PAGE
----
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About your hips

The hip joint is a ball-and-socket type joint where the thigh bone (femur) meets the bones that make up the pelvis, include the ilium, ischium, and pubis. The ball-shaped knob of the thighbone fits into a socket in the hipbone.

In order for the bones to move against each other without pain, a white cartilage about ¼ an inch thick is kept slippery by fluid. The cartilage also serves as a “shock absorber” and changes shape when compressed. The bones are held together by large ligaments, tendons, and muscles surrounding the hip joint, called the joint capsule.

When working properly, your hip joint provides a full range of motion in your legs, allowing you to walk, run and crouch, among other physical activities.

The hip joint is built to withstand large amounts of wear and tear over a lifetime of activity, but can be susceptible to sudden and chronic injuries. These injuries can cause severe pain, and proper medical treatment is often necessary for recovery.

Common symptoms of hip arthritis

There are many types of arthritis that can present in the hip. Some types of arthritis present in multiple joints in the body, while others present in one or both hips. Among adults over 65, 50% have some form of arthritis (Centers for Disease Control and Prevention). Regardless of the type of arthritis, symptoms include:

  • Pain in the hip joint, potentially including the groin, outer thigh or buttocks
  • Hip pain that is typically worst in the morning and lessens with light activity
  • Hip pain that worsens with extended or vigorous activity
  • Grating sensations accompanying joint movements
  • Difficulty walking, stiffness in the hip and limited range of motion
  • Tenderness or swelling around the hip joint

Patients with rheumatoid arthritis or lupus may also suffer from fatigue or weakness. Some patients experience periods of flares and remissions, while others experience a relatively constant level of hip pain.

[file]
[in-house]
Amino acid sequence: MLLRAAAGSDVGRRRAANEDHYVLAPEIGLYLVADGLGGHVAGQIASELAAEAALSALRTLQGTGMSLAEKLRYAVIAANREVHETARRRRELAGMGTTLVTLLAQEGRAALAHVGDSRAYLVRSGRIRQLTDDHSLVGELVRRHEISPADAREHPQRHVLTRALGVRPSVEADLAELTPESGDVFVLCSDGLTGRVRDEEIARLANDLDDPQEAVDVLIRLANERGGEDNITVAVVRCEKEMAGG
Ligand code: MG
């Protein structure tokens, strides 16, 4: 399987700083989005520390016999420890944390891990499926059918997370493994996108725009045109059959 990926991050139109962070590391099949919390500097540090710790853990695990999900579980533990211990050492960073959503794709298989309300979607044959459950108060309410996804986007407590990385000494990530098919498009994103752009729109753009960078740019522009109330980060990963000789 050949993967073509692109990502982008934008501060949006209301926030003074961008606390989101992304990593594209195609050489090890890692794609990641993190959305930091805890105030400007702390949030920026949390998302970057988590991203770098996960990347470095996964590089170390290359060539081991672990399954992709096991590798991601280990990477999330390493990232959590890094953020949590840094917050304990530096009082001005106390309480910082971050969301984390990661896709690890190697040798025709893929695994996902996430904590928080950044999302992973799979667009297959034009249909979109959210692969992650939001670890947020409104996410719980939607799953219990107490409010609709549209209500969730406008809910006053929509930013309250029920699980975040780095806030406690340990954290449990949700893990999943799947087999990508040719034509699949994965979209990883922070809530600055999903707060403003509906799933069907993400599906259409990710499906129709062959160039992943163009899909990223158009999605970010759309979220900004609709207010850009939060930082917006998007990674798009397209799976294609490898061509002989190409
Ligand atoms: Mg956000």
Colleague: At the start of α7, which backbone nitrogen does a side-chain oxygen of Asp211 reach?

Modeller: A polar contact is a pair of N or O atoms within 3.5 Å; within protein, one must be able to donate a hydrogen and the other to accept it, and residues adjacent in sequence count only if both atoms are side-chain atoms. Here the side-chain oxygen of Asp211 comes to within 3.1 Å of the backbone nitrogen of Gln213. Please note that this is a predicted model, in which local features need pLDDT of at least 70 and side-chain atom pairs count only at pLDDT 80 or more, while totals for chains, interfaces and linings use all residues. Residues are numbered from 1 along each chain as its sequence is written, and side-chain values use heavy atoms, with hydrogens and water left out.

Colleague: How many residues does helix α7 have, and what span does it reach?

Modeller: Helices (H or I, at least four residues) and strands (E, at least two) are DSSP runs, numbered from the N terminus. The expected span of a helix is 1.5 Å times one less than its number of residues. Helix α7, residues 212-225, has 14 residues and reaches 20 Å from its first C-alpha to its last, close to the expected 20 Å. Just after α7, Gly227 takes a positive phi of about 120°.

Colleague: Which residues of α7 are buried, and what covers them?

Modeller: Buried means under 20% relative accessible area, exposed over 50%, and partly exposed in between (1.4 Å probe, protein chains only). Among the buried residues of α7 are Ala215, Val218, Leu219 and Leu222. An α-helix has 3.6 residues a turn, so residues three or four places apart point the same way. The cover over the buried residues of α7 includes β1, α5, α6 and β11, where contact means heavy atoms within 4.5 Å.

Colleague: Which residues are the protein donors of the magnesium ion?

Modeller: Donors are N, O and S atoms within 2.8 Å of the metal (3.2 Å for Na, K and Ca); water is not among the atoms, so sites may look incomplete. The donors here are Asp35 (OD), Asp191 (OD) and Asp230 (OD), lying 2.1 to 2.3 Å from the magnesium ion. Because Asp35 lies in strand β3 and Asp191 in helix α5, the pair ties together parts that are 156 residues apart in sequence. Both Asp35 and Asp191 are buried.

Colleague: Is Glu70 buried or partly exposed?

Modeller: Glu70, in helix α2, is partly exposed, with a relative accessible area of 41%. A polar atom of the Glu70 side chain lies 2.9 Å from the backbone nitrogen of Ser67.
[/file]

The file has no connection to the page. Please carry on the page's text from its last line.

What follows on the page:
To be certain you’re experiencing hip arthritis, schedule an appointment with Dr. Vigdorchik, one of only 1% of NYC hip surgeons experienced in diagnosing and treating all types of hip conditions.

 Commonly treated hip conditions

There are over 100 different forms of arthritis, many of which present in the hip. However, the most common types commonly affecting the hip include:

  • Osteoarthritis
  • Rheumatoid arthritis
  • Ankylosing spondylitis
  • Systemic lupus erythematosus

Hip arthritis treatment options

While there is no cure for inflammatory arthritis, a number of nonsurgical, lifestyle modifications, and surgical treatment options can improve hip arthritis conditions.

Dr. Vigdorchik is a strong believer in prioritizing non-operative treatment, only recommending surgery when most beneficial to the patient. To determine the best treatment option for the patient, Dr. Vigdorchik carefully considers the patient’s condition, medical history, lifestyle, and personal preferences.

Nonsurgical treatment options for hip pain include:

  • Non-steroidal anti-inflammatory drugs (NSAIDs)
  • Corticosteroids (injections that block inflammation)
  • Lifestyle changes such as exercise, weight loss, diet, and physical therapy

Surgical hip surgery treatment options include:

Are you experiencing hip arthritis?

Hip surgeon Dr. Jonathan M. Vigdorchik is here to help you with your hip arthritis. With a non-operative priority, state-of-the-art surgical techniques and a track record of positive outcomes both performing and teaching other hip surgeons at the prestigious Hospital for Special Surgery you can trust Dr. Jonathan Vigdorchik to provide you with an accurate diagnosis and positive outcome for your hip arthritis.

Schedule an appointment immediately -212-606-1992

If your hip arthritis is accompanied by any of the symptoms below, please call New York City’s innovative hip surgeon Dr. Vigdorchik and have someone drive you to our office.

  • Pain in the hip joint, groin, thigh or buttocks
  • Hip pain that worsens with extended or vigorous activity
  • Grating sensations accompanying joint movements
  • Tenderness or swelling around the hip joint
  • Difficulty walking, stiffness in the hip or limited range of motion